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5@5: Are grocery store workers COVID-19 super spreaders? | Tyson replaces federal inspectors with own employees

Each day at 5 p.m. we collect the five top food and supplement headlines of the day, making it easy for you to catch up on today's most important natural products industry news.

New Hope Network staff

October 30, 2020

2 Min Read
meat plant workers
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About 20% of grocery store workers had COVID-19, and most didn't have symptoms, study found

Yikes! After 104 grocery workers were tested for COVID-19 at a store in Boston in May, around 20% of them had positive nasal swabs. But 3 out of 4 of those that tested positive were completely asymptomatic. This information has led some experts to believe grocery store employees have served as a "middleman for the virus" this whole time. CNN has the scoop.

Tyson to replace federal inspectors with own employees at beef plant

Also in not-so-great news, Tyson—which has faced criticism for lacking protective protocols across its processing facilities since March—is taking on the work of federal inspectors at its beef processing plant in Holcomb, Kansas. The company plans to hire 15 employees per shift to check carcasses for violations. The fact that these in-house inspectors have a financial tie to the plant's owners, however, makes it far more likely that violations will be covered up. Read about the controversial move at Modern Farmer ...

Canada Dry settles for $200K after man sues over lack of 'real ginger'

Victor Cardoso felt duped by Canada Dry after finding out exactly how much ginger was in its Ginger Ale product, which touts "Made From Real Ginger" on its label. Now, he's walking away with $1,500 after the soda brand agreed to settle. Cardoso believed that Canada Dry had medicinal properties and argued that he was misled by commercials depicting the soda bottles being hoisted from the dirt attached to actual ginger roots. Head to Vice to learn more.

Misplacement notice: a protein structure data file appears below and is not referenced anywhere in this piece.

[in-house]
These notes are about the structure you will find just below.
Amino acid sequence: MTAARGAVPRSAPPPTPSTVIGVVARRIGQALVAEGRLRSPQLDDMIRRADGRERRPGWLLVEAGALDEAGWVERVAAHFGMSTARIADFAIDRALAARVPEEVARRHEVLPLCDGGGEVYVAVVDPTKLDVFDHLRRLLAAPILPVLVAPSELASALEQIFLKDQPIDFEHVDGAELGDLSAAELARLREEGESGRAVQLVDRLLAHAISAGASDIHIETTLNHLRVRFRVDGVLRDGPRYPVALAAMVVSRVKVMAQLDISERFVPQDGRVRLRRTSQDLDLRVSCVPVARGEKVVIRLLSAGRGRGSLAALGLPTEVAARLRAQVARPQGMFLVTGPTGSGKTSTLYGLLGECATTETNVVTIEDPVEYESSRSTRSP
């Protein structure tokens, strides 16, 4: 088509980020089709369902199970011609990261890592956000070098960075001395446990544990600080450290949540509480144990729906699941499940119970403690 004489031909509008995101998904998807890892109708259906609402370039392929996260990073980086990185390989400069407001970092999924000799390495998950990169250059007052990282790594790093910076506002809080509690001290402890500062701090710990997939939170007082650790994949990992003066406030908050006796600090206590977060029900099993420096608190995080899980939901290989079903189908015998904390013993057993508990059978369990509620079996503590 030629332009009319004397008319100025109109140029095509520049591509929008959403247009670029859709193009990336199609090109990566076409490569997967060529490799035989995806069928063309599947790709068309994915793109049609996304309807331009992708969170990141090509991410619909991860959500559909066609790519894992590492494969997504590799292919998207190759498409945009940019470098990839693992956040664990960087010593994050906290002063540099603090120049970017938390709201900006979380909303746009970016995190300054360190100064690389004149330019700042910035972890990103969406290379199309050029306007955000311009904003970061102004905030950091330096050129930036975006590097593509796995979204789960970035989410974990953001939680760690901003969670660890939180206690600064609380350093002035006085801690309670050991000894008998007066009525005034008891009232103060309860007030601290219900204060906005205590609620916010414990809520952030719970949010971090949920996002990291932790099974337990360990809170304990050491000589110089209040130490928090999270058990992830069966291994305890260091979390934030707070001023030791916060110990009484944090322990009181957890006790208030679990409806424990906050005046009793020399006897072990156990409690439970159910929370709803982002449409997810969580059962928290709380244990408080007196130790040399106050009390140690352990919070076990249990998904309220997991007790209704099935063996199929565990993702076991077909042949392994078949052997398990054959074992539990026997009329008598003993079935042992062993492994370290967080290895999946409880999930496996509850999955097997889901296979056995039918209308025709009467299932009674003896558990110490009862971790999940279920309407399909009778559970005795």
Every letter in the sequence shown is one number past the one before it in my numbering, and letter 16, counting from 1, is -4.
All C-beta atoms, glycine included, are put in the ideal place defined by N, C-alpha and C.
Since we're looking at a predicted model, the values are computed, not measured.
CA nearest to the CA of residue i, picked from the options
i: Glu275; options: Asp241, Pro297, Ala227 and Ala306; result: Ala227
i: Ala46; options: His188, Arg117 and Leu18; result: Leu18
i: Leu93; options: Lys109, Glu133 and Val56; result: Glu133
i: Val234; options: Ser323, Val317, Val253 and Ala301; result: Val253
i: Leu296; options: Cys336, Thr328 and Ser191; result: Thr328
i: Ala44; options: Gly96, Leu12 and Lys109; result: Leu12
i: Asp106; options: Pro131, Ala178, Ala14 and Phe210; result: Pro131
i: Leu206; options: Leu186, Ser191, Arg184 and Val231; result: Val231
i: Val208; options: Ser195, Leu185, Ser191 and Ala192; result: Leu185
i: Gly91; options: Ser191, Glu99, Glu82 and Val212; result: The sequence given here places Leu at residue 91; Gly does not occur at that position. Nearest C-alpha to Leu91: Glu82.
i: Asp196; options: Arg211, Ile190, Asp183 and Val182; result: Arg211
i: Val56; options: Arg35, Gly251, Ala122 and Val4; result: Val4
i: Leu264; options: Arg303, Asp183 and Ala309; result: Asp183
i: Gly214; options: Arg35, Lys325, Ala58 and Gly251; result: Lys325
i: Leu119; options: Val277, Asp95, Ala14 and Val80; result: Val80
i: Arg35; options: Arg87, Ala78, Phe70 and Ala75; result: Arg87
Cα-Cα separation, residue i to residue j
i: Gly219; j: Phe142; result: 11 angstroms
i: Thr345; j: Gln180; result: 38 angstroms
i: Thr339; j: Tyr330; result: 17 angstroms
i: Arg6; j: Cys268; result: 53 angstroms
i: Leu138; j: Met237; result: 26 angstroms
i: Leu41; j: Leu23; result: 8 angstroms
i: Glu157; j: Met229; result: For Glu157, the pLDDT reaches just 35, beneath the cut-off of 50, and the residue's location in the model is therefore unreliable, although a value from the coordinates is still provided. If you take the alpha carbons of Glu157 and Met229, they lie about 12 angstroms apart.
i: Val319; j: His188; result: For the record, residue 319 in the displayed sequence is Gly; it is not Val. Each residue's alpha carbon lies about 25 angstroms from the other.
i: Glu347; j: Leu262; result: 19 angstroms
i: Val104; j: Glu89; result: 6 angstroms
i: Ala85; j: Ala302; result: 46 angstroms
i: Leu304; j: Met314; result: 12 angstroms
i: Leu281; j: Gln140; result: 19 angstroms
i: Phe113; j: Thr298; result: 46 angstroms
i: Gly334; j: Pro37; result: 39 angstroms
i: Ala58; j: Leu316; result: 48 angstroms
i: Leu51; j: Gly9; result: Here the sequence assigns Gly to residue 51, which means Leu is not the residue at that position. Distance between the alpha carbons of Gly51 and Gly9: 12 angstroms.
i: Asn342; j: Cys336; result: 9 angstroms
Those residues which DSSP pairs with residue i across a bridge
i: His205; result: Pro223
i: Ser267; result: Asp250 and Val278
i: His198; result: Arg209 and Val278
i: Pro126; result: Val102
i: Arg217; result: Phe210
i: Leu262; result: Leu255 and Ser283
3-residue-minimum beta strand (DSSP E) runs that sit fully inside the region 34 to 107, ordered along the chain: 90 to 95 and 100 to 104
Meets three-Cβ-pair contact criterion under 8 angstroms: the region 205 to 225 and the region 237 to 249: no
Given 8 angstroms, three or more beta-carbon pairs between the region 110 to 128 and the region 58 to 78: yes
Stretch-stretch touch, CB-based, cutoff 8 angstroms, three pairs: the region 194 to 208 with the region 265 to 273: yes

Colorado’s Meati secures $28M for whole-cut alternative meats

The whole-cut alternative meat market is heating up! Boulder, Colorado-based startup Meati is developing such products using mycelium (the protein-rich root structures of fungi) and recently accumulated $28 million in a Series A funding round backed by Acre Venture Partners. While meat-free burgers, nuggets and meatballs have been on the market for a while now, Meati's technology adopts processes popular bread- and cheese-making to create the alternative steaks. Ag Funder News delves into the announcement.

Black farmers breathe new life into agriculture in the South

Black farmers who are well versed in how the conventional agricultural industry has used predatory lending and land grabbing in the past to prevent the demographic from reaching major markets are taking a community-focused approach in the region. They're reclaiming history, the future and local perceptions of what Black farming looks like. Get to know the backstories of a few of them at Civil Eats.

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